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Staff Publications

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    'Staff publications' is the digital repository of Wageningen University & Research

    'Staff publications' contains references to publications authored by Wageningen University staff from 1976 onward.

    Publications authored by the staff of the Research Institutes are available from 1995 onwards.

    Full text documents are added when available. The database is updated daily and currently holds about 240,000 items, of which 72,000 in open access.

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Record number 562802
Title Quantification of local bovine tuberculosis (bTB) transmission in badgers and cattle with and without vaccination of badgers (Meles Meles) in the Republic of Ireland (RoI)
Author(s) Barber, Ann; Jong, M.C.M. de
Source In: Wias Annual Conference 2020. - WIAS - p. 53 - 53.
Event WIAS Annual Conference 2020, Lunteren, 2020-02-13/2020-02-14
Department(s) Quantitative Veterinary Epidemiology
WIAS
Publication type Abstract in scientific journal or proceedings
Publication year 2020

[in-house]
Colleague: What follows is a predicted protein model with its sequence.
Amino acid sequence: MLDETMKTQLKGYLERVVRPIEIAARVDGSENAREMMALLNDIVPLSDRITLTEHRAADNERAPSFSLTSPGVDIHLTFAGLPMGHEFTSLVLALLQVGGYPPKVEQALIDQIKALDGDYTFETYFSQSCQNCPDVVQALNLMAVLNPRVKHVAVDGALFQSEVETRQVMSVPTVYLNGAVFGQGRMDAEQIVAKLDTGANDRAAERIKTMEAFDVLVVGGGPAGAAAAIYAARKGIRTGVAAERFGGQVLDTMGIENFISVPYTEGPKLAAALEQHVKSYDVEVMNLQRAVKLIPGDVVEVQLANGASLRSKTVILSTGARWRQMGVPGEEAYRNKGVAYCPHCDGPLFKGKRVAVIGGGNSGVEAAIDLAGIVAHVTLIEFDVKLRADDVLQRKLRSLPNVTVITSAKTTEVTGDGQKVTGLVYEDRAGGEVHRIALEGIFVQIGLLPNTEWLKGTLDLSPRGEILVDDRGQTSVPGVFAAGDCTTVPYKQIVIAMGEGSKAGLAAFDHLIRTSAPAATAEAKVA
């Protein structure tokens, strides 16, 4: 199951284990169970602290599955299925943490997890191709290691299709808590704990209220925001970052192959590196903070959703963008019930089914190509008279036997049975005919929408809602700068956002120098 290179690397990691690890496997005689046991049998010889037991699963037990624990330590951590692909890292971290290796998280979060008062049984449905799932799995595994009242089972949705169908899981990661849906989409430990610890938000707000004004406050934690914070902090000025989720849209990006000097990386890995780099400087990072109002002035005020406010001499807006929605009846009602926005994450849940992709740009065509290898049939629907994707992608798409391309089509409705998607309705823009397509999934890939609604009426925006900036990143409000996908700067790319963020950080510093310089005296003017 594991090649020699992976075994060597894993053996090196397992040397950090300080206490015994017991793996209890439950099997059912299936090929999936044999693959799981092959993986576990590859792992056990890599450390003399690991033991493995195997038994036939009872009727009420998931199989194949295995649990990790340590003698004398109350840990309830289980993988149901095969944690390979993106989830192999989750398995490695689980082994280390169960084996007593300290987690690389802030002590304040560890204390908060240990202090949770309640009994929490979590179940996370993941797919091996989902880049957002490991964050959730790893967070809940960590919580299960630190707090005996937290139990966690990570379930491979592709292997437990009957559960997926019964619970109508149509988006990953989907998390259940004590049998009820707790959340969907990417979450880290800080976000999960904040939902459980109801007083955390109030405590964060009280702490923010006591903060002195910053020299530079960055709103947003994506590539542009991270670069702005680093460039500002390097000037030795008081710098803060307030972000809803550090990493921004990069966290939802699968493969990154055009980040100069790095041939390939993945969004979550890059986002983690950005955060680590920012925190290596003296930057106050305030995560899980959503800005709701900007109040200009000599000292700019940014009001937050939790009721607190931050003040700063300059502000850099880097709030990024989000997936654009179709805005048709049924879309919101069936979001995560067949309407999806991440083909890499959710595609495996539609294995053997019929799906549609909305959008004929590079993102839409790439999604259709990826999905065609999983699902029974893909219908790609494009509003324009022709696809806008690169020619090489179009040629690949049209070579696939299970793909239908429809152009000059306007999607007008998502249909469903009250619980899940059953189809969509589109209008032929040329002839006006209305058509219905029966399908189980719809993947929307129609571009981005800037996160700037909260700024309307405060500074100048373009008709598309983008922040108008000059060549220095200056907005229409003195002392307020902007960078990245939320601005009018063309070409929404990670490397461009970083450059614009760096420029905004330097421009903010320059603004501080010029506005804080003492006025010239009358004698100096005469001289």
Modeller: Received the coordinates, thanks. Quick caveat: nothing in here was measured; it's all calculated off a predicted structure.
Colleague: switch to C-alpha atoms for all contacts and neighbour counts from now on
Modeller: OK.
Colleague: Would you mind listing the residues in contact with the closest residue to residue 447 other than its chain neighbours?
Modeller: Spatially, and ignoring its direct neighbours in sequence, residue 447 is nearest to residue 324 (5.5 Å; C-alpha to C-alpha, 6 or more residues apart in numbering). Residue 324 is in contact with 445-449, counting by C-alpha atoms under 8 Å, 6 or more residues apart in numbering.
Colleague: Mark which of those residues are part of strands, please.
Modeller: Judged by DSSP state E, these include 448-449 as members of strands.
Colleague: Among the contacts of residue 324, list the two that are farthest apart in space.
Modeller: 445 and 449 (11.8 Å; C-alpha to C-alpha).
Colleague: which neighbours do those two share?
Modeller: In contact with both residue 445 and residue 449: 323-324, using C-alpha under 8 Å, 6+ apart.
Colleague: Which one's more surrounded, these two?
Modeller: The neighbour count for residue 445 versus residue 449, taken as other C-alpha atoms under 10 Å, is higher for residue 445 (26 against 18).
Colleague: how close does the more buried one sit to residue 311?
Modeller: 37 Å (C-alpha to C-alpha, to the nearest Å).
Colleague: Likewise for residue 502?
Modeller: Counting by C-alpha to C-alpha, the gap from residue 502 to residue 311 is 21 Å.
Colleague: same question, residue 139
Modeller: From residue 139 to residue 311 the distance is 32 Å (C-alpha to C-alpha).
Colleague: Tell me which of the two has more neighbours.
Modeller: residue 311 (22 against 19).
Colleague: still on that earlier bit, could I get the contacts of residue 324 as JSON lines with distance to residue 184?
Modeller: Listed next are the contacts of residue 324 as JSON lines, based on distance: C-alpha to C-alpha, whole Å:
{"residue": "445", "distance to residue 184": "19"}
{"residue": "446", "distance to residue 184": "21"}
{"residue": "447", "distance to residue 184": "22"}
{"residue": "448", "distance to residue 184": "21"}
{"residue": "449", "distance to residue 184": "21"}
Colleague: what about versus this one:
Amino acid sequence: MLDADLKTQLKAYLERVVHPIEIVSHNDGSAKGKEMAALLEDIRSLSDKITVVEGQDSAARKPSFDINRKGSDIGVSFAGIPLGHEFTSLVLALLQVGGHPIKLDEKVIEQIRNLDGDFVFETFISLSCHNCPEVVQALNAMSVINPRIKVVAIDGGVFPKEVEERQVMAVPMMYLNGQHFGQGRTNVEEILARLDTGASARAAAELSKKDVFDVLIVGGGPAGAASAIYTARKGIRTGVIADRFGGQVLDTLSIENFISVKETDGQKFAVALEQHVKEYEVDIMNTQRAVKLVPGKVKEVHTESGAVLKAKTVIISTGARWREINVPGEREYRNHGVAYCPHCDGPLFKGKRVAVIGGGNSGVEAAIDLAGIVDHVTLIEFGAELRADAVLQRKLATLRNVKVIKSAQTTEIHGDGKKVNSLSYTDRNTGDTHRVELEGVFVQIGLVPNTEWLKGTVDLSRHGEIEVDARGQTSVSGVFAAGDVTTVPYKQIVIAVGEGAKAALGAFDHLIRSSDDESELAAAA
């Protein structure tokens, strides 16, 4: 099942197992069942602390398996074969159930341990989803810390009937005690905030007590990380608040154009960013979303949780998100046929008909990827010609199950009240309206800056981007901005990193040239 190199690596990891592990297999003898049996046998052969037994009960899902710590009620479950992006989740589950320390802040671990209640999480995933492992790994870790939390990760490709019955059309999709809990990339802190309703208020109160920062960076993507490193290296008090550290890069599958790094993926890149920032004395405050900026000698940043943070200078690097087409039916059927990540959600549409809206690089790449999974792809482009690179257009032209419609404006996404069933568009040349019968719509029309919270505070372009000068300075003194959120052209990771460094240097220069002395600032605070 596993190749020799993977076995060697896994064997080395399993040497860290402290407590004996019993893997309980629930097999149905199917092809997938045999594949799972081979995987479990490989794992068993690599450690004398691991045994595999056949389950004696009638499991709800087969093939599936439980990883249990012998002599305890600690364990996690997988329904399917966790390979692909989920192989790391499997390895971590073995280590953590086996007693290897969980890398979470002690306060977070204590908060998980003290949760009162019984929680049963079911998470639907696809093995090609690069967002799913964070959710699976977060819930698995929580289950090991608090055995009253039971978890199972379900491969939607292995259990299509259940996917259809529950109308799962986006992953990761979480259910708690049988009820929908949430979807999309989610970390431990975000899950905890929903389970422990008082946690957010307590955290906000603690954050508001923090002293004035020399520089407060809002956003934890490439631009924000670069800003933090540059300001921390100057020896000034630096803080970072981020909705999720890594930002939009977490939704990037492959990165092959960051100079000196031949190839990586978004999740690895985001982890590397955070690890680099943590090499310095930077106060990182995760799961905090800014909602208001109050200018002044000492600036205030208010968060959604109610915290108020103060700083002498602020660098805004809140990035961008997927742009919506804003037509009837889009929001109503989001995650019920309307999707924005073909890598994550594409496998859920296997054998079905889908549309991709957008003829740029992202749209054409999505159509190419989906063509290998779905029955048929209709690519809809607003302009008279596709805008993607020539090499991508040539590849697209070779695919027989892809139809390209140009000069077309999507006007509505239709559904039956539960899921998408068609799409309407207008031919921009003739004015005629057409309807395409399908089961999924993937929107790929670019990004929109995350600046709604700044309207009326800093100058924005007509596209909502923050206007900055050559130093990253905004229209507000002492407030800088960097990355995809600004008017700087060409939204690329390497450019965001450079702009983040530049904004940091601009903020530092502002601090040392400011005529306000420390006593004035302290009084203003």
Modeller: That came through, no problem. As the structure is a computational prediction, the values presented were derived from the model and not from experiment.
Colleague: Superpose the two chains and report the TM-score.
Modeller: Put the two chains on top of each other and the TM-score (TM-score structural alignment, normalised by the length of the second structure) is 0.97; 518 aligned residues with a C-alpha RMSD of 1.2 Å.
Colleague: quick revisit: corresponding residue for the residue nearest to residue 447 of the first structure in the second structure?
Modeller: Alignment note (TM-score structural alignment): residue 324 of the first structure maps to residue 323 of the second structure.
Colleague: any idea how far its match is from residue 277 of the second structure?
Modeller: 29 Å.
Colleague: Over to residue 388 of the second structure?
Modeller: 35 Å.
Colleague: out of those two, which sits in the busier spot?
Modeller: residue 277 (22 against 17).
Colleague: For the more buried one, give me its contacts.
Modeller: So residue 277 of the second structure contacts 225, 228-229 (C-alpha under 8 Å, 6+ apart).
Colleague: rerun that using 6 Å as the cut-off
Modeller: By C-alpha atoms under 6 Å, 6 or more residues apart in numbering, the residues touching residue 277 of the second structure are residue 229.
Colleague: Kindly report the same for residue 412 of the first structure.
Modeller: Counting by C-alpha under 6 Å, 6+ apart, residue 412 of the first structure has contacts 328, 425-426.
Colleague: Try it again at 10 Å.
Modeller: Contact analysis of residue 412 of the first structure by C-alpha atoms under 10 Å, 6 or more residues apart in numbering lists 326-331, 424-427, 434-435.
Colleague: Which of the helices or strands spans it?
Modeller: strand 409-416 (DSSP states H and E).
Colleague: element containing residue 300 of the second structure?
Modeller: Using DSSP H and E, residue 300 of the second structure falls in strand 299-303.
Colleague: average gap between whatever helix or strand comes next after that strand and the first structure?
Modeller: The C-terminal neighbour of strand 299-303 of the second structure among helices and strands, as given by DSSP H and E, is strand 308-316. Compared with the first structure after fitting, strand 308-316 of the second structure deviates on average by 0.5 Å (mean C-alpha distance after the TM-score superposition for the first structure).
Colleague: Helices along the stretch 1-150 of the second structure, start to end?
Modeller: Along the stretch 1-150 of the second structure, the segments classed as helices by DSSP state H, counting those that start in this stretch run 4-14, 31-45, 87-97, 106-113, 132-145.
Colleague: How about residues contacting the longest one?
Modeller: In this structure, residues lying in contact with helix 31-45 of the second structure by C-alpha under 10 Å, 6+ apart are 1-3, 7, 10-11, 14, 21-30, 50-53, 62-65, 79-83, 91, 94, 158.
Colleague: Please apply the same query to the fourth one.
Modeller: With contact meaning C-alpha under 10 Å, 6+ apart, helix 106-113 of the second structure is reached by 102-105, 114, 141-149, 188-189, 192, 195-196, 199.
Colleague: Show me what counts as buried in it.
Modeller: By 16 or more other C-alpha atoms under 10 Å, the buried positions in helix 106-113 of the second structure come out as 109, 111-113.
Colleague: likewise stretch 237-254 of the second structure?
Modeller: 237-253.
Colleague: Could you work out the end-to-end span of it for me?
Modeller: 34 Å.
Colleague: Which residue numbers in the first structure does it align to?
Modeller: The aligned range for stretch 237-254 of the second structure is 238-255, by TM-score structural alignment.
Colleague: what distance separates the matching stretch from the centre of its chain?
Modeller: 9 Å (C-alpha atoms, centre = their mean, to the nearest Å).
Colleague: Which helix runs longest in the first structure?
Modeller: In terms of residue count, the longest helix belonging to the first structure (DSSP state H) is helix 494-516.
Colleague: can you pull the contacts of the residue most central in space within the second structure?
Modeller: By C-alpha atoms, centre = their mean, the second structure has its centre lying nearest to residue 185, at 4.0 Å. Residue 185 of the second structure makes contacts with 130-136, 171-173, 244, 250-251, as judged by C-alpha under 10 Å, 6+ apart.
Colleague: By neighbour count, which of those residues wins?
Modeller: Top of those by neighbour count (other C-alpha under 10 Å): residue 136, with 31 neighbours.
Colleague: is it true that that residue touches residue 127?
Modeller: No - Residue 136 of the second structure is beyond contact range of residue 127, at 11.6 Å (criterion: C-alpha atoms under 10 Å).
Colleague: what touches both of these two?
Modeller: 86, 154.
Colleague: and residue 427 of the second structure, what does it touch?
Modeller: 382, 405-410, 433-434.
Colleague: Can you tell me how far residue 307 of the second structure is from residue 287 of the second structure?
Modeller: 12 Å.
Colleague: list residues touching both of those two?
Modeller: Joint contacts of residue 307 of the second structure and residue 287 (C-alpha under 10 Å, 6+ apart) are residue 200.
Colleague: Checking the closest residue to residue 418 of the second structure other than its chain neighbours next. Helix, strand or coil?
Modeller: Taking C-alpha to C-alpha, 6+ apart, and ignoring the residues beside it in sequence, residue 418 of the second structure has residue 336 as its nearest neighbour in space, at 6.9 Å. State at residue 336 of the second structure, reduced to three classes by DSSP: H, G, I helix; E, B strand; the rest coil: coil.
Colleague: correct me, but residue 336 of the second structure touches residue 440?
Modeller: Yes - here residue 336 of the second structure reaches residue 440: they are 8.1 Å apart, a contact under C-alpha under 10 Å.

Abstract In the Republic of Ireland (RoI), bovine Tuberculosis (bTB) in cattle continues to circulate despite considerable efforts placed on controlling the infection. The European badger (Meles meles) is considered by most scientist to be implicit in the transmission and maintenance of bTB in cattle. Badger culling has been linked to a reduction in bTB incidence in cattle, however, continued persecution of badger populations is not sustainable long-term. As an alternative badger intramuscular Bacille Calmette-Guérin (BCG) vaccination is now being rolled out across the country on a phased basis. Although vaccination was associated with a reduction in badger-to-badger transmission in a field trial, it remains un-clear whether vaccination will sufficiently reduce transmission across the badger-cattle system everywhere in the RoI when combined with current control measures in cattle. The objective of this study is to assess the efficacy of the vaccination programme on the multi-host system at a local level. We propose to quantify the spatiotemporal heterogeneity of bTB transmission in a multi-host system (badgers and cattle) across areas with vaccinated and unvaccinated badger populations. We aim to identify any factors that could be involved in limiting the success of badger vaccination so as these limitations may be quickly and adequately addressed by policy decision-makers. Transmission kernels, as a function of distance between epidemiological units (both farms and setts), will be generated for each pairwise unit interaction and these kernels will inform a Next Generation Matrix (NGM) applied to each Quartile (1.5X2km2 grid cells) in the RoI. This will generate a risk map of local (Quartile level) reproduction ratios (R-map). Clusters, hotspots and outliers can be identified via the R-map, informing decision makers about areas which require further in-tervention, where infection cannot be maintained and where the vaccination is proving effective or ineffective. A large body of existing national data will be utilized for the analysis. Further data will be collected in vaccinated regions to monitor the infection status of badger setts over time to inform the transmission kernels, assessing whether or not any reduction in badger transmission of bTB due to vaccination can be accurately attributed to vaccination (or not). The results of this study will provide insights to the policy-makers, i.e. mainly the veterinary services, and by improving the eradication will benefit animal welfare, human health and the profitability of cattle farming.
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